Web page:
Bowie voters will go to the polls to elect a new city council on April 7 -- the first time that all posts on the council will be voted on at once.
Six of the seven imcumbent council members would have run unopposed, however, if there had not been a flurry of late entries just before the recent filing deadline.
City elections previously were held every year, with council members serving staggered two-year terms. To save the city the cost of yearly elections and to allow the whole council to be elected at the same time to concurrent two-year terms, the council agreed in 1977 to give three-year terms to those elected in that year -- Dick Logue in District 2, John Bliss Cummings in District 3 and Councilman (at large) Michael F. DiMario.
The idea was also to allow the public to view the issues facing the council and its performance as a whole: "We thought it would create greater interest, but I think it has done the exact opposite," Mayor Audrey E. Scott said. "We would have had a lot more candidates if it would have served its purpose." "
Scott also pointed out that only about 9,000 of the city's approximately 20,000 eligible voters are registered. In recent years, the average voters turnout for city council elections has been around 3,000.
"Many people don't even realize they live in a municipality. They just think they are part of Prince George's County," Scott said. "Many people not only don't know my name, but don't even know they have a mayor."
Scott, seeking her third term, is challenged by Alvin Lucchi, a former city employe. As mayor, Scott's vote carries the same weight as those of the other six council members, but she chairs meetings and work sessions.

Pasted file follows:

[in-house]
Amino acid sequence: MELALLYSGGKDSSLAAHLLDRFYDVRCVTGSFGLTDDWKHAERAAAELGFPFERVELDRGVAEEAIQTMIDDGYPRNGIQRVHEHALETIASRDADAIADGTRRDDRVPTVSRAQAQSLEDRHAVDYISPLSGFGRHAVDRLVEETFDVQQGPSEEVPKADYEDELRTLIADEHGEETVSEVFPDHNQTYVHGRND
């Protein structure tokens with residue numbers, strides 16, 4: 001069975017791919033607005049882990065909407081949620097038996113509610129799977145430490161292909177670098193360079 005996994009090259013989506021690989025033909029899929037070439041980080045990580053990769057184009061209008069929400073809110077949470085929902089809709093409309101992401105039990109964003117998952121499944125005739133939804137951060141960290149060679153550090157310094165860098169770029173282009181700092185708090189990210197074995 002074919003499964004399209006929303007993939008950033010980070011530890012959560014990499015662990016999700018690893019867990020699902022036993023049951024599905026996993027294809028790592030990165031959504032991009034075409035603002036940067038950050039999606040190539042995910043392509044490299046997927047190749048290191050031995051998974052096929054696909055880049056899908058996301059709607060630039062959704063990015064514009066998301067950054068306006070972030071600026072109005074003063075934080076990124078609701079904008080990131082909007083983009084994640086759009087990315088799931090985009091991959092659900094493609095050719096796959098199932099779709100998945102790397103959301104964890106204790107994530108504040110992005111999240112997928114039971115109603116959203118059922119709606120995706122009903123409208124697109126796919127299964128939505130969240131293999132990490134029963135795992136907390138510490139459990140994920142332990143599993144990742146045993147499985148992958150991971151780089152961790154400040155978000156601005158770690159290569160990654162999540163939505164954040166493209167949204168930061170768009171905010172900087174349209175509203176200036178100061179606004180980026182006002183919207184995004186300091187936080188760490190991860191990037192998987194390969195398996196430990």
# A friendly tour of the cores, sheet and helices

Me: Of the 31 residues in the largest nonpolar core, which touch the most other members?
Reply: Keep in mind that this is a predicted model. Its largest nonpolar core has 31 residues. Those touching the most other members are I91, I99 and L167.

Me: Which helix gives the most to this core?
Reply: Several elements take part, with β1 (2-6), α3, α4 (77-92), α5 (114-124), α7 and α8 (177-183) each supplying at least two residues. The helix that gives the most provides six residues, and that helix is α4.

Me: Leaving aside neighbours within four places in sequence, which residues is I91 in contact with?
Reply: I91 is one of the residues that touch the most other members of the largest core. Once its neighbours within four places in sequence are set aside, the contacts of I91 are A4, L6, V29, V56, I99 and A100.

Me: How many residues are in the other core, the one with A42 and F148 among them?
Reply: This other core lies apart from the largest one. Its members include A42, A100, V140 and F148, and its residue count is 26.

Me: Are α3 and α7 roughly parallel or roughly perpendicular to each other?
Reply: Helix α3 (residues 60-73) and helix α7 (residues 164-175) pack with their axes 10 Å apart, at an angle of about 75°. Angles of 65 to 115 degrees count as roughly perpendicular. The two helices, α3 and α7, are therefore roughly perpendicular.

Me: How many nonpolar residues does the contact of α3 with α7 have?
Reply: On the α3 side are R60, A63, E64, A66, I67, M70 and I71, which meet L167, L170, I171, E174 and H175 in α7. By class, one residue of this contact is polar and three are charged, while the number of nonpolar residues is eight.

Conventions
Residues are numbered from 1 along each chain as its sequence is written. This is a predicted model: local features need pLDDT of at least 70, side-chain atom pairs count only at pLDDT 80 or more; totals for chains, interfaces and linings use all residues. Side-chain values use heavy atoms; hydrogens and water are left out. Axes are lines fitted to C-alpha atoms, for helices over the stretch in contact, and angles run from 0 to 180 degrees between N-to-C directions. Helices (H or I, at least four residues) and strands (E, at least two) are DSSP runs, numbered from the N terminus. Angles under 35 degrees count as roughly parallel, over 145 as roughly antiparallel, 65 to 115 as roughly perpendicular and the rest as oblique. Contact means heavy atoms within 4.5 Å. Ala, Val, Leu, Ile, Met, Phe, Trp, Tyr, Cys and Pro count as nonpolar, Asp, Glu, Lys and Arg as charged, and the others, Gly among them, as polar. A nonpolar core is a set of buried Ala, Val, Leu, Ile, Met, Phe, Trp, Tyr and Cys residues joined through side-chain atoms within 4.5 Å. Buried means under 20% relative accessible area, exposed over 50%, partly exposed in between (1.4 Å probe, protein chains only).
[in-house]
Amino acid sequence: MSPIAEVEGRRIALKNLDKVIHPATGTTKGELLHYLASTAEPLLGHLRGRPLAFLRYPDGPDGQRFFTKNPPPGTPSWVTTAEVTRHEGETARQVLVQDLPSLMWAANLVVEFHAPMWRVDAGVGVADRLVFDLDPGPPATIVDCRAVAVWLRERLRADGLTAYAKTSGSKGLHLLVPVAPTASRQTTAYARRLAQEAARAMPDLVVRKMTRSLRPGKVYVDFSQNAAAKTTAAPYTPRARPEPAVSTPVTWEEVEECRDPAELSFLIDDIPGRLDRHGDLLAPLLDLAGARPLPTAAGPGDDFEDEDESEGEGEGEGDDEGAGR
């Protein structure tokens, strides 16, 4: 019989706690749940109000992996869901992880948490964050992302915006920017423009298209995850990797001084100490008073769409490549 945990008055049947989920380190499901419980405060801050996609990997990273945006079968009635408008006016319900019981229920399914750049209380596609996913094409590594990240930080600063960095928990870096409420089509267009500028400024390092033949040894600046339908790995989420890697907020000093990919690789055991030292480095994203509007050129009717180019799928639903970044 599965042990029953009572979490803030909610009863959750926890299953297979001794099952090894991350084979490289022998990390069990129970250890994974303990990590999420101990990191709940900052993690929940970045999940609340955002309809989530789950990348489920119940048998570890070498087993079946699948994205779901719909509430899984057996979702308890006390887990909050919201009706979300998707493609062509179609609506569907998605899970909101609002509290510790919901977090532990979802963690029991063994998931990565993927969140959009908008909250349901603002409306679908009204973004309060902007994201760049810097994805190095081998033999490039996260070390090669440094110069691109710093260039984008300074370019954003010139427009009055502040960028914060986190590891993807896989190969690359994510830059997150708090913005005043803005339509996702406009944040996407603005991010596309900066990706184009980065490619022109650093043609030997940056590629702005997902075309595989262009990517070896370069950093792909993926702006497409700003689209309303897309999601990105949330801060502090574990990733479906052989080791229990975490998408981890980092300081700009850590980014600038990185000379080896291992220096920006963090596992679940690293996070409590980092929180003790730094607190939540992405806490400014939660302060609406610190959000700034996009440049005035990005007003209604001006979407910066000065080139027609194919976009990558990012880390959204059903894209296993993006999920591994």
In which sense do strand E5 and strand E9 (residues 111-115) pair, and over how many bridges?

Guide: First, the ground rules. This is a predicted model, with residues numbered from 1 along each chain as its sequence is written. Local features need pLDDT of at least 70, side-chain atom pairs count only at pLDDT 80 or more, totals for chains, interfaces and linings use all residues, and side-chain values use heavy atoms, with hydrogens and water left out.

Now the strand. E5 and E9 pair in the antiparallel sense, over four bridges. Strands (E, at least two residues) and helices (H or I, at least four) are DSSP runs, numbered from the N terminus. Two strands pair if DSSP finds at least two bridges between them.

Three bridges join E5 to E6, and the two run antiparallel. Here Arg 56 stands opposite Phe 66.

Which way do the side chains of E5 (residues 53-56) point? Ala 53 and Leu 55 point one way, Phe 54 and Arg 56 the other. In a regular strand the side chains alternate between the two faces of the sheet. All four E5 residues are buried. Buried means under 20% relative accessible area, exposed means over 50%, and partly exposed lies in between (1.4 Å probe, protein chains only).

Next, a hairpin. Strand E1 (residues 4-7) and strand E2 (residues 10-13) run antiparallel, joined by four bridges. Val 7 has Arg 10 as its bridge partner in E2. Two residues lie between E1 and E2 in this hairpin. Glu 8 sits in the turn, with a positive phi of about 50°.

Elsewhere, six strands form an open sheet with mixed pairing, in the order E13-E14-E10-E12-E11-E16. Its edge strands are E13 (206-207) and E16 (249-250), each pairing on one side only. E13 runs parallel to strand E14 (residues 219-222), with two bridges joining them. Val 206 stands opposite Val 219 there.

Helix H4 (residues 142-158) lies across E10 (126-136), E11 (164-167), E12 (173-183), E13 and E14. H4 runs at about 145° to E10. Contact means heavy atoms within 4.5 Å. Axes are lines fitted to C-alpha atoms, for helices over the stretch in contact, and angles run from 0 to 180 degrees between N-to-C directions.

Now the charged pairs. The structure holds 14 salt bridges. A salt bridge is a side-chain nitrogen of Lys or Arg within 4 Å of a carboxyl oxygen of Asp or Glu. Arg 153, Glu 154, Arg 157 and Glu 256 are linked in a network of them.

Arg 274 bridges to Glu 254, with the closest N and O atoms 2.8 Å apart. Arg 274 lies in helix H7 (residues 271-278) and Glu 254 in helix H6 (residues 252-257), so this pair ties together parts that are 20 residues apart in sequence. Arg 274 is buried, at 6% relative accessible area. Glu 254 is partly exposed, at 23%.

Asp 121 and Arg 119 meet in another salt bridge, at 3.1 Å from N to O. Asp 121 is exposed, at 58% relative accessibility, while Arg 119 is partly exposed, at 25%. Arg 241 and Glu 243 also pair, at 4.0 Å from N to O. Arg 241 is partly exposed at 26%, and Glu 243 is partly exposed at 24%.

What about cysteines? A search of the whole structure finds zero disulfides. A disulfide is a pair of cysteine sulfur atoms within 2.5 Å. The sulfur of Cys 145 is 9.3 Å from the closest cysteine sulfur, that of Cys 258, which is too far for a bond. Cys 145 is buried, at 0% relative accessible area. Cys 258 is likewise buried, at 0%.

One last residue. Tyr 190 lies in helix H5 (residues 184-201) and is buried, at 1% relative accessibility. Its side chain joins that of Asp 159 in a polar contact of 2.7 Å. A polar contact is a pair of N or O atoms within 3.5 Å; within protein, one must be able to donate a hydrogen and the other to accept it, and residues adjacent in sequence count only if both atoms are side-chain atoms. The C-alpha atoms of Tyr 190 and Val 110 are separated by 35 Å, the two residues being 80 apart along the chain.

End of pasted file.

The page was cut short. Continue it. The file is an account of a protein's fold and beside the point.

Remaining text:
Other candidates are Paul Champion, who will try to reverse his 1977 loss to Dick Logue -- the senior member of the council with seven years service -- and 1971-72 council member Eugene Kiley, running against DiMario, who has served for one term.
Walter Moylette has entered the race in District 1 against one-term incumbent Walter G. Planet.
Herb Sachs, who has not been opposed since he won his District 4 seat in 1974, will have no competition for a fourth term. Norman L. Cooper will automatically win a second term in District 5.
The only campaign that started early was that in District 3, where former council member and interim mayor Dick Padgett is trying to unseat John Bliss Cummings, who has served one term. Padgett served on the council from 1971 to 1975, replacing former mayor Jim Conway, who resigned in 1974 and lost the race for mayor in 1975 to William Wildman, Scott's predecessor.
"I can't remember ever that the candidates hadn't been filed for a month already and weren't out there banging out the issues," Logue said of the last-minute filings.
But the challengers said their timing was due to the expense of campaigns, the difficulty of deciding to devote large portions of their time for the small council salaries ($5,200 per year for the mayor; $2,700 for council members), an effort to size up the competition and ultimately unwillingness to allow the incumbents to run unopposed.
"It really is not an easy thing to getinvolved in," Kiley said. "You are asking citizens to volunteer to deal with the populace on substantive issues."
Each voter will cast a ballot for the mayor and for all the council positions. Districts are important only insofar as they constitute a residency requirement for the individual council member.
The ballot will also include an advisory question asking voters whether they would favor annexing Bowie Race Course into the city.